ENTRY SPONSOR: James Williams
An accomplished mathematician, Eunice Gray Smith was among the first African American women hired to work at the Langley Memorial Aeronautical Laboratory (LMAL) in Hampton, Virginia during the 1940s. Over the course of a forty-year career at the laboratory and research center, which is part of National Aeronautics and Space Administration (NASA), Smith made important contributions to the fields of aeronautical and aerospace engineering.
Born on Dec. 31, 1923, Smith was the youngest of seven children. Her parents, Eugene Gray and Ethel Harris Gray, raised their large family in the community of Portsmouth, Virginia. Eugene Gray worked at the massive Norfolk Navy Yard as a watertender (WT) a position that required him to manage the boilers in steam-powered ships.
Smith attended Portsmouth public schools, which were segregated, and graduated from I.C. Norcum High School, the city’s first secondary school for African American students. She then continued her education at Hampton Institute (now Hampton University) in Hampton, Virginia. She graduated in 1944 with a degree in mathematics. Shortly afterwards, Smith began work at the Langley Memorial Aeronautical Laboratory (LMAL), which was then the primary research center for the National Advisory Committee for Aeronautics, the precursor to the National Aeronautics and Space Administration, better known as NASA.
In the 1930s, LMAL had begun to hire women to serve as “computers” to complete complex mathematical calculations by hand. Over the next several decades, hundreds of women would be employed at the laboratory in this capacity, playing a critical role in advancing aeronautical and aerospace research during first World War II and later the Cold War and its iconic space race.
African American women, including Eunice Gray Smith, began to be hired to work as mathematicians at LMAL during the 1940s. Despite doing the same type of work as their white counterparts, lab management clustered the black women in a segregated area of the facility, known as “West Area Computers.” Professional advancement was more limited for these black mathematicians and engineers, who, especially during the early decades, also faced discrimination in social spaces in the lab like the dining and restroom facilities.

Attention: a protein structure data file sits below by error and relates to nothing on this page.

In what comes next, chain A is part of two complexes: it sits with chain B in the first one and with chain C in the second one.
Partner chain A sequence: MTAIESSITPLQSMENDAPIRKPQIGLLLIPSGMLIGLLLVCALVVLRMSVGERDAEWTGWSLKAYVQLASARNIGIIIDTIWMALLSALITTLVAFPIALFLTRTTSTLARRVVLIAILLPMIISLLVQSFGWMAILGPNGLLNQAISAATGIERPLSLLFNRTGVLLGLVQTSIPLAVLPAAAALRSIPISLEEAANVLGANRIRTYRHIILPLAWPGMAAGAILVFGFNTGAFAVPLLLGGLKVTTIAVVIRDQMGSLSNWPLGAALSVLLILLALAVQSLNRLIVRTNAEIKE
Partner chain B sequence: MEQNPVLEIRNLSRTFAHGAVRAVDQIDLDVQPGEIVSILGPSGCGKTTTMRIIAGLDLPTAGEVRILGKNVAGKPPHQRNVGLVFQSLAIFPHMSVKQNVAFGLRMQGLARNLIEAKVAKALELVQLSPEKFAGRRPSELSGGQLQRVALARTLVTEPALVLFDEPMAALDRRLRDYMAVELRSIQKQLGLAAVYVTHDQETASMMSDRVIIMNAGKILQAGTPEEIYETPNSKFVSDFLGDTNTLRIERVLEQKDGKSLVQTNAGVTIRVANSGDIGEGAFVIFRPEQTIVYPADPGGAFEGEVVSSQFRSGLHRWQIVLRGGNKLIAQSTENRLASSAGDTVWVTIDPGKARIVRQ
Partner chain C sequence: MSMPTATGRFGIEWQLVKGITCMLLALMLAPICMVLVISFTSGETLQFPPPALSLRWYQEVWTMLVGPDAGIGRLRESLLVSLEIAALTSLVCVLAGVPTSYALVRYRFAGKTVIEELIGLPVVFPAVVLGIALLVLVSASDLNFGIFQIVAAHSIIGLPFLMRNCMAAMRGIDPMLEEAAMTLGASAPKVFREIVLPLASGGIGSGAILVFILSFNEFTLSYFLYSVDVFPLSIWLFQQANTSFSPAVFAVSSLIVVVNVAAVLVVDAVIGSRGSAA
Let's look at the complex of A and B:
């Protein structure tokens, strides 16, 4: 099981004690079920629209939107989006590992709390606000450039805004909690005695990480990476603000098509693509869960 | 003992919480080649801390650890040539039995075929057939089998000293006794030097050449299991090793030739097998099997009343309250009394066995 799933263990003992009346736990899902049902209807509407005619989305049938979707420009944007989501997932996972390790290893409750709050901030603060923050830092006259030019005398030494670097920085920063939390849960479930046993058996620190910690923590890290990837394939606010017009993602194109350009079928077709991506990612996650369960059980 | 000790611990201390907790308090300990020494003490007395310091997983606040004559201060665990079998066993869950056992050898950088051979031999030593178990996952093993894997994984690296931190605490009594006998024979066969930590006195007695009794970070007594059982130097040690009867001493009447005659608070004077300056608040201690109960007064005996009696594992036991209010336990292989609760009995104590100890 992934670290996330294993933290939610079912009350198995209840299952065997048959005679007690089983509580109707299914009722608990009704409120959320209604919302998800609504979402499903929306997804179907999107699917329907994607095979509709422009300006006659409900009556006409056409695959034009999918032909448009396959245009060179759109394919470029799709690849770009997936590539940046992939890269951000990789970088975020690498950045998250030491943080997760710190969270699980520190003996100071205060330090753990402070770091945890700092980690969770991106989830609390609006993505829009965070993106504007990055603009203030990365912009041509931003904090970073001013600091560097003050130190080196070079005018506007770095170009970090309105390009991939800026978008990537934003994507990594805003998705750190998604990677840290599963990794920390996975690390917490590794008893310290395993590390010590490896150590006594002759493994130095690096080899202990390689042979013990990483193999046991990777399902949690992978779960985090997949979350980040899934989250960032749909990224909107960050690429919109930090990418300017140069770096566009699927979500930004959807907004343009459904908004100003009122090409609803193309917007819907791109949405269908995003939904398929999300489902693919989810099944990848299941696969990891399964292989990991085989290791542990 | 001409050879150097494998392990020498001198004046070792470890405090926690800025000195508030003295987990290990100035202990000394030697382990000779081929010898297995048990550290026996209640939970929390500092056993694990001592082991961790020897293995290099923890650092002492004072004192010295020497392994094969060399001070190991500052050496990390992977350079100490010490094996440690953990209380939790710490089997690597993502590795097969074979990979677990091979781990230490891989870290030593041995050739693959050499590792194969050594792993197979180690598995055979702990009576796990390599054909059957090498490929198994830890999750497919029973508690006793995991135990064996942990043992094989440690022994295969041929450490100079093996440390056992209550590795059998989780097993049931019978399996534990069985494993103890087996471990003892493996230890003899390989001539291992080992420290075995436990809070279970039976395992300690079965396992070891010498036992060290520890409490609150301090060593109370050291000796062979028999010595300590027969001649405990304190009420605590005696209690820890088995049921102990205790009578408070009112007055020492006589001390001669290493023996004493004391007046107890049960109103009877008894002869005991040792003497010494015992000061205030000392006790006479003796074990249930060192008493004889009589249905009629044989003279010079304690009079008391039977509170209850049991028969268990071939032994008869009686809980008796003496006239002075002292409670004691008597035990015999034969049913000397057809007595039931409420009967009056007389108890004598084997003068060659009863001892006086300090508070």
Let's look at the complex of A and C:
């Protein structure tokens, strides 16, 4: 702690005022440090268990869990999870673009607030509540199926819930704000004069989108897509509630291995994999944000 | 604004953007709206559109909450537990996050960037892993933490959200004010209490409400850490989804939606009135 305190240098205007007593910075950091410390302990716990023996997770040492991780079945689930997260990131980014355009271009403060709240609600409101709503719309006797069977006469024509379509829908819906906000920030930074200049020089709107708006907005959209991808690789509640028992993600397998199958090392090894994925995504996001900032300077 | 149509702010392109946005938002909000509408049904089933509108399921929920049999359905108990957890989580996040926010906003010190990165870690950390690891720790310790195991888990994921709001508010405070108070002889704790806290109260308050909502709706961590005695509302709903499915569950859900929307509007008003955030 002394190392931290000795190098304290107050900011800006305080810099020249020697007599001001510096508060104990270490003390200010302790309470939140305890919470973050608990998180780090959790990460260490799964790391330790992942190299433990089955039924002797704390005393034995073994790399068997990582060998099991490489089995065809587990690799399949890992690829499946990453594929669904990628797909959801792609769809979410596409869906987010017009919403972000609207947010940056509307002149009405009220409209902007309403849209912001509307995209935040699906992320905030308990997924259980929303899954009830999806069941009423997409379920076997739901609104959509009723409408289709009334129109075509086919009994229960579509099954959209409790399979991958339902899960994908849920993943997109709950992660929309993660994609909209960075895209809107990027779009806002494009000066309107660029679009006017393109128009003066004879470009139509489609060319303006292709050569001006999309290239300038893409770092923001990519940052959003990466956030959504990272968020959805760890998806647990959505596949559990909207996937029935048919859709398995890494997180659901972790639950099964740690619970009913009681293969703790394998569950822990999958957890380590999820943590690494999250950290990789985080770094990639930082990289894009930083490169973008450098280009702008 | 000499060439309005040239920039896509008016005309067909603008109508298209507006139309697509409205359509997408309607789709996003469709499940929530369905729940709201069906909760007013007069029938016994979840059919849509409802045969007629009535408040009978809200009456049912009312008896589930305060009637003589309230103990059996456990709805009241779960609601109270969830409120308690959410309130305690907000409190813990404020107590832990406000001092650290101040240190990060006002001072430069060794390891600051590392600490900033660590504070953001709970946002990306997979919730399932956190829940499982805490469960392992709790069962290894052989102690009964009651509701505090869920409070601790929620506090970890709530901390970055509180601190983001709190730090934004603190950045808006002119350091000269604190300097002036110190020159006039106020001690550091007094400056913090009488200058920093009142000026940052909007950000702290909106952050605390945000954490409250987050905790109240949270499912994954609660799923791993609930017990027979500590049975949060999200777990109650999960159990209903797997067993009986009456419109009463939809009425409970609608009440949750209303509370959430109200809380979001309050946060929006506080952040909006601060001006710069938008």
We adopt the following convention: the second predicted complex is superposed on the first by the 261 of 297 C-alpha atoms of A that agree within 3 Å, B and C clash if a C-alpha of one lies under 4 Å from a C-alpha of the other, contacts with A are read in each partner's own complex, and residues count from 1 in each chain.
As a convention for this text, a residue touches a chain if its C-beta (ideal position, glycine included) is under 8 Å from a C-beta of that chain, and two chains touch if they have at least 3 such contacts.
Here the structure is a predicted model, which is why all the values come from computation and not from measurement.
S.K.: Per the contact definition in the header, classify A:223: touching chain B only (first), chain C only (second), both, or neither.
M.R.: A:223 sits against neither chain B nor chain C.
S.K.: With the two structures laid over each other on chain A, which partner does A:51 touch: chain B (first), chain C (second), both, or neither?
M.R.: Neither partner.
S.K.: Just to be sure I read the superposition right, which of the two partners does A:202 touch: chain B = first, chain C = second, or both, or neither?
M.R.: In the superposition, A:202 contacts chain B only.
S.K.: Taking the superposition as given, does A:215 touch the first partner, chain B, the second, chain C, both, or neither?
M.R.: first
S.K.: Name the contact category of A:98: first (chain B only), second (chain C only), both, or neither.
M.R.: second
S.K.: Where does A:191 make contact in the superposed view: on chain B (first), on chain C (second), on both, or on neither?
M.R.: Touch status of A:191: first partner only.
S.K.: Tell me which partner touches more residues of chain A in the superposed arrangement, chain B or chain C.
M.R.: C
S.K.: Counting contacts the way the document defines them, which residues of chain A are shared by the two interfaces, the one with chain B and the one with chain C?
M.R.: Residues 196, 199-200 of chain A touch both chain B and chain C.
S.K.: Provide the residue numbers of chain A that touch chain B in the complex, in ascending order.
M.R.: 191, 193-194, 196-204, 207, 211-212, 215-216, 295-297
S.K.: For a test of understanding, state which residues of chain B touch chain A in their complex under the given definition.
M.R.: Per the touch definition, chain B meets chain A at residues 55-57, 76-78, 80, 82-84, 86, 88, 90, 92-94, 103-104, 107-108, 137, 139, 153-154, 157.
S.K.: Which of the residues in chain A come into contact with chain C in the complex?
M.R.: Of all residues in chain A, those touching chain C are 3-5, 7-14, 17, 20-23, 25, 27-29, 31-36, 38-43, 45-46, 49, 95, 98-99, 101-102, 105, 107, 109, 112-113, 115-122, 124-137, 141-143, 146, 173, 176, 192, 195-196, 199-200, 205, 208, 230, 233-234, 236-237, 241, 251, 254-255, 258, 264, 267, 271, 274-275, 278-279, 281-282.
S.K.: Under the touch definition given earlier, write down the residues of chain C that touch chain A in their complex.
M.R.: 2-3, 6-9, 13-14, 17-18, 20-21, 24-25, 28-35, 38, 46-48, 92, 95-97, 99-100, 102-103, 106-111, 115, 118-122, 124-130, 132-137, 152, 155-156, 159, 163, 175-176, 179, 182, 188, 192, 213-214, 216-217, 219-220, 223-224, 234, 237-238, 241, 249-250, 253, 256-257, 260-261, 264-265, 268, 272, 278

Smith lived through dramatic changes in the treatment of women and people of color at NACA and then NASA. She enjoyed a long and successful tenure at the agency, working at Langley for forty years (1944–1984). Over the course of her career, she contributed to numerous studies, co-authoring articles on subjects as varied as aircraft antiskid braking systems, the use of photographic evidence for aeronautic research, aircraft tire behavior during high-speed operations, and more. Beginning in the 1970s, she also served on a Federal Women’s Advisory Committee at Langley focused on gender equity issues.
Smith was an active parishioner of Carver Memorial Presbyterian Church in Newport News, Virginia, volunteering on numerous boards and committees. She was also a member of the Lambda Omega chapter of Alpha Kappa Alpha Sorority and the National Technical Association.
Her marriage to A. Wade Smith ended in divorce. The couple had one son, the late Dr. Aaron Wade Smith, a well-respected sociologist of race and race relations at Arizona State University. Smith passed away on June 19, 2006, in Newport News, Virginia at the age of 82.